During National Child Abuse Prevention Month, we want every young person in the United States who has faced the fear and pain of abuse or neglect to know they are not alone. We see you and will always fight to protect your safety and well-being. We reaffirm our commitment to listening to children, standing with brave survivors, and reaching out across our communities to support families and to help others in need.
I was raised to believe that the greatest sin in life is the abuse of power, and the abuse of a woman or child is the worst of all. Yet millions of children of every race, religion, and background face neglect or physical, emotional, or sexual abuse in America every year. It can leave deep, lasting scars, making it harder to learn in school, to form trusting relationships, to build self-esteem, and to escape cycles of abuse long-term. It denies far too many children the promise of America and risks cutting them off from their dreams and undermining their ability to reach their full potential.
We have a moral obligation to protect every child in America and to help survivors heal. That is why, as a United States Senator, I wrote and passed the Violence Against Women Act, to help secure safety and justice for women and children impacted by domestic violence. We have fought ever since to keep building on that law — including with last year’s bipartisan reauthorization, which increased support for prevention, trauma-informed services, and training for courts while also expanding recognition of Tribal courts’ jurisdiction in cases involving non-Native perpetrators of child abuse. As President, I also signed the American Rescue Plan, investing an additional $350 million to improve State child protective services and community-based child abuse prevention programs. The Department of Justice is providing resources to Children’s Advocacy Centers across the country that support child abuse victims by supporting law enforcement efforts to investigate and prosecute child abuse and funding law enforcement task forces to combat online child exploitation. I also signed legislation eliminating the Federal statute of limitations for child sex abuse crimes so justice can still be done even after survivors become adults. And we are helping State and territorial health departments prevent sexual violence and provide trauma-informed training to support recovery among the 1 in 4 girls and 1 in 13 boys who will face sexual abuse before they turn 18.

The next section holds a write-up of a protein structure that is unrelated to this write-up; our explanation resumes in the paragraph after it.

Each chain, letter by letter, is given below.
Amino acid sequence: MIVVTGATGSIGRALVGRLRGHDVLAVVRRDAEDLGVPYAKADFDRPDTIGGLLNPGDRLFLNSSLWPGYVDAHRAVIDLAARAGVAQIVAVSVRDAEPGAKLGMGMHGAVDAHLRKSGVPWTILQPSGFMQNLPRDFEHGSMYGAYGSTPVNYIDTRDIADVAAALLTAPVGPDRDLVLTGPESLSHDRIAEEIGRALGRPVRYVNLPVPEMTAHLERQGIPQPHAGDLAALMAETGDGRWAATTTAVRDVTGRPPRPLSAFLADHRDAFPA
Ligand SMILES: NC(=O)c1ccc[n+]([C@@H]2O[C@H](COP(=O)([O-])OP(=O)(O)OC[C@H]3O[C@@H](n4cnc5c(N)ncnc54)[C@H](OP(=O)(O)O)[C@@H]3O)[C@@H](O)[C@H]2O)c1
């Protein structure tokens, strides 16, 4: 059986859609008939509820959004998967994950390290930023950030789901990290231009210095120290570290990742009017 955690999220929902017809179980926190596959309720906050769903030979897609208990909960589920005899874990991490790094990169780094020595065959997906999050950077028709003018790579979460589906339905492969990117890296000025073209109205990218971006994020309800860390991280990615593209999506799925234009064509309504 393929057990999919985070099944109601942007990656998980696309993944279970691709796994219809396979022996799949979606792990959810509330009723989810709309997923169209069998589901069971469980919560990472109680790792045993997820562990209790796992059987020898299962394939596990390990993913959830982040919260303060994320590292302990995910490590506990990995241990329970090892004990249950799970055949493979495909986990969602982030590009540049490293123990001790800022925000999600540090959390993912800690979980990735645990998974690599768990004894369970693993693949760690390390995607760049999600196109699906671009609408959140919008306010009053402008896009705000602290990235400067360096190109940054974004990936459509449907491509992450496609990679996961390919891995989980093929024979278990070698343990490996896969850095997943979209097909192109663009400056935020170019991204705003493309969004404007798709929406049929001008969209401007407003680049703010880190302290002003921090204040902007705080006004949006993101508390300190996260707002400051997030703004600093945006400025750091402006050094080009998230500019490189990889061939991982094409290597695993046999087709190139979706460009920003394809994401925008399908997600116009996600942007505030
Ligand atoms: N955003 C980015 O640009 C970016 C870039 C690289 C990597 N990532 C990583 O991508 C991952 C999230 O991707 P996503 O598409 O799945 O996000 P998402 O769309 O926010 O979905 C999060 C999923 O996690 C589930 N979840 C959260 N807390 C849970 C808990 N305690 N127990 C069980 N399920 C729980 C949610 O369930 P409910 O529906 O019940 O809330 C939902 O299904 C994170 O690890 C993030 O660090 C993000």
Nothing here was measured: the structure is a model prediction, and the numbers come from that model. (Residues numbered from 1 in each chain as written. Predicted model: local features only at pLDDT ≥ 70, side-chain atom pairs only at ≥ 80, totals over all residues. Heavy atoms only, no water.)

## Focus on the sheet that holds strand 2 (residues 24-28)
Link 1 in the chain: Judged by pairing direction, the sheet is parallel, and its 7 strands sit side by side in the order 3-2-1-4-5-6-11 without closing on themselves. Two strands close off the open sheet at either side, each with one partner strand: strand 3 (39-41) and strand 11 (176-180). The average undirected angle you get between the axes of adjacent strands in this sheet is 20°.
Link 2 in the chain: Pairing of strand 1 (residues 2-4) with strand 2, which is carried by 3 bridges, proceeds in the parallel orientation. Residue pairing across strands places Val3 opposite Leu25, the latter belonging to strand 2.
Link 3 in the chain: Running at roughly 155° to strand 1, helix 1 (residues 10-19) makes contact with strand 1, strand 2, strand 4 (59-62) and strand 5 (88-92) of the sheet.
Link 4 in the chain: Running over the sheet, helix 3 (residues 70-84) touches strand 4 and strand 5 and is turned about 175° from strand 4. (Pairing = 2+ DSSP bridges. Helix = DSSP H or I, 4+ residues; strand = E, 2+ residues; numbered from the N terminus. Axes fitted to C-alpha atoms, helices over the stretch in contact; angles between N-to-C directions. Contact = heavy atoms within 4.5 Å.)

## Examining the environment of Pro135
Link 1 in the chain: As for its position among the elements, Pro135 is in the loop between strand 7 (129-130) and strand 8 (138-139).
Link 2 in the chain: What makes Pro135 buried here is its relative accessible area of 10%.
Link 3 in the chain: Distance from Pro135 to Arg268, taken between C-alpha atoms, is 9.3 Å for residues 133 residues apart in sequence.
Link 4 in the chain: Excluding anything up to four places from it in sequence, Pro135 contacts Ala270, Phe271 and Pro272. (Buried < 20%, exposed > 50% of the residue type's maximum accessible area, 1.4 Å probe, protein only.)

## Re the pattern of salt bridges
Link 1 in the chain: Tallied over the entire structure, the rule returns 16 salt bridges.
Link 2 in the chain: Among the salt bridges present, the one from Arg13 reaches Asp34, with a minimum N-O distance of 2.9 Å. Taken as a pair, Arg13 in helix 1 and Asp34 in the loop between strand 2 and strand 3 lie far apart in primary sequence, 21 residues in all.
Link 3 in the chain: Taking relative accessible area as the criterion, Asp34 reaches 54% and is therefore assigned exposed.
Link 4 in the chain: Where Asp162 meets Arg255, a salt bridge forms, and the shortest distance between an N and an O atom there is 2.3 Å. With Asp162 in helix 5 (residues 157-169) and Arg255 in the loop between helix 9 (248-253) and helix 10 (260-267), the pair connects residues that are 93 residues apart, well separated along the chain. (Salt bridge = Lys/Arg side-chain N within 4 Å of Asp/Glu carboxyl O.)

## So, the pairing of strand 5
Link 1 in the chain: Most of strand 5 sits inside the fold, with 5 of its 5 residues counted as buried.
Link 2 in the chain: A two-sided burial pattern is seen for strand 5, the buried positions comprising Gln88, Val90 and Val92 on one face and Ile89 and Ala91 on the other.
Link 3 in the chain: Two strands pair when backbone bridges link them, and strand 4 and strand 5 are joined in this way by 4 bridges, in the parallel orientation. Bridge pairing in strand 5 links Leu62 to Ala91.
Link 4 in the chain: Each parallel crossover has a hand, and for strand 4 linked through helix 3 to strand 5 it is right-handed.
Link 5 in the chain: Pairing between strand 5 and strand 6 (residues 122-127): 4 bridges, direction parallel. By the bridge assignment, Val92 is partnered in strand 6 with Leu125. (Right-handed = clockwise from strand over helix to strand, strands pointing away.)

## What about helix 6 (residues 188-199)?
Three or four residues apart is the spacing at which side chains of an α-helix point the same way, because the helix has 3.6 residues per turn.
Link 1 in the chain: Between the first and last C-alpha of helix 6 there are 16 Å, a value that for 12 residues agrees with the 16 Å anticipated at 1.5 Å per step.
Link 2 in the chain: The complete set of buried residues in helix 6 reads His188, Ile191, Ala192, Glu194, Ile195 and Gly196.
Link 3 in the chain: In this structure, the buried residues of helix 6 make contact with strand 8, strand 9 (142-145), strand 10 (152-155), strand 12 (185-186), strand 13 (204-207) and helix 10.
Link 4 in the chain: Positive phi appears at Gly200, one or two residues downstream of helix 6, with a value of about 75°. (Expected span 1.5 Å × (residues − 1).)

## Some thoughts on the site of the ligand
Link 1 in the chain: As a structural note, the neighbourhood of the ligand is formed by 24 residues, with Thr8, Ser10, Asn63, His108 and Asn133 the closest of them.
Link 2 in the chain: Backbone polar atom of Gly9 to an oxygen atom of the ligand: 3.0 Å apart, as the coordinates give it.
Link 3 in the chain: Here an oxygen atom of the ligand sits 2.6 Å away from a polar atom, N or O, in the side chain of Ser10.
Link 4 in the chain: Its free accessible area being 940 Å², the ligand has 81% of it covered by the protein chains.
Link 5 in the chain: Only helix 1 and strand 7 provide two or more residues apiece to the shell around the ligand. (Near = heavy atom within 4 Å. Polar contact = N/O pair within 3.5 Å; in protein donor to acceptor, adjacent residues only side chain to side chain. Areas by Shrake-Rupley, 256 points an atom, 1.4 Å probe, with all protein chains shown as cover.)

To support our children, we are continuing our efforts to reduce child poverty across the board, including by fighting to restore the Child Tax Credit, which in 2021 helped slash child poverty to its lowest rate ever. We know that poverty can trigger interventions in which children are sometimes unnecessarily removed from their homes. My new budget requests $10 billion to help keep families safely together and to better fund child abuse prevention and treatment services.
Meanwhile, a dangerous wave of cynical State investigations is targeting families just because they love and support their transgender children. These State campaigns are government overreach at its worst. From the Department of Justice to the Department of Health and Human Services, my Administration will keep working to make sure that politicians do not unlawfully weaponize child protective services against loving families who simply want to support their kids and help them to be themselves.
It has been said that a Nation is judged by how we treat the most vulnerable among us. Nowhere is that truer than when it comes to protecting our children, making sure they grow up safe from harm and surrounded by love. That is on all of us. For more information on how to recognize and report child abuse or neglect, as well as on how to support loving families and safe communities, visit childwelfare.gov.
NOW, THEREFORE, I, JOSEPH R. BIDEN JR., President of the United States of America, by virtue of the authority vested in me by the Constitution and the laws of the United States, do hereby proclaim April 2023 as National Child Abuse Prevention Month. I call upon all Americans to observe this month by joining together as a Nation to promote the safety and well-being of all children and families and to recognize the child-welfare professionals and allies who work tirelessly to protect our children. Let us also honor the strength and resilience of survivors of child abuse.
IN WITNESS WHEREOF, I have hereunto set my hand this thirty-first day of March, in the year of our Lord two thousand twenty-three, and of the Independence of the United States of America the two hundred and forty-seventh.
JOSEPH R. BIDEN JR.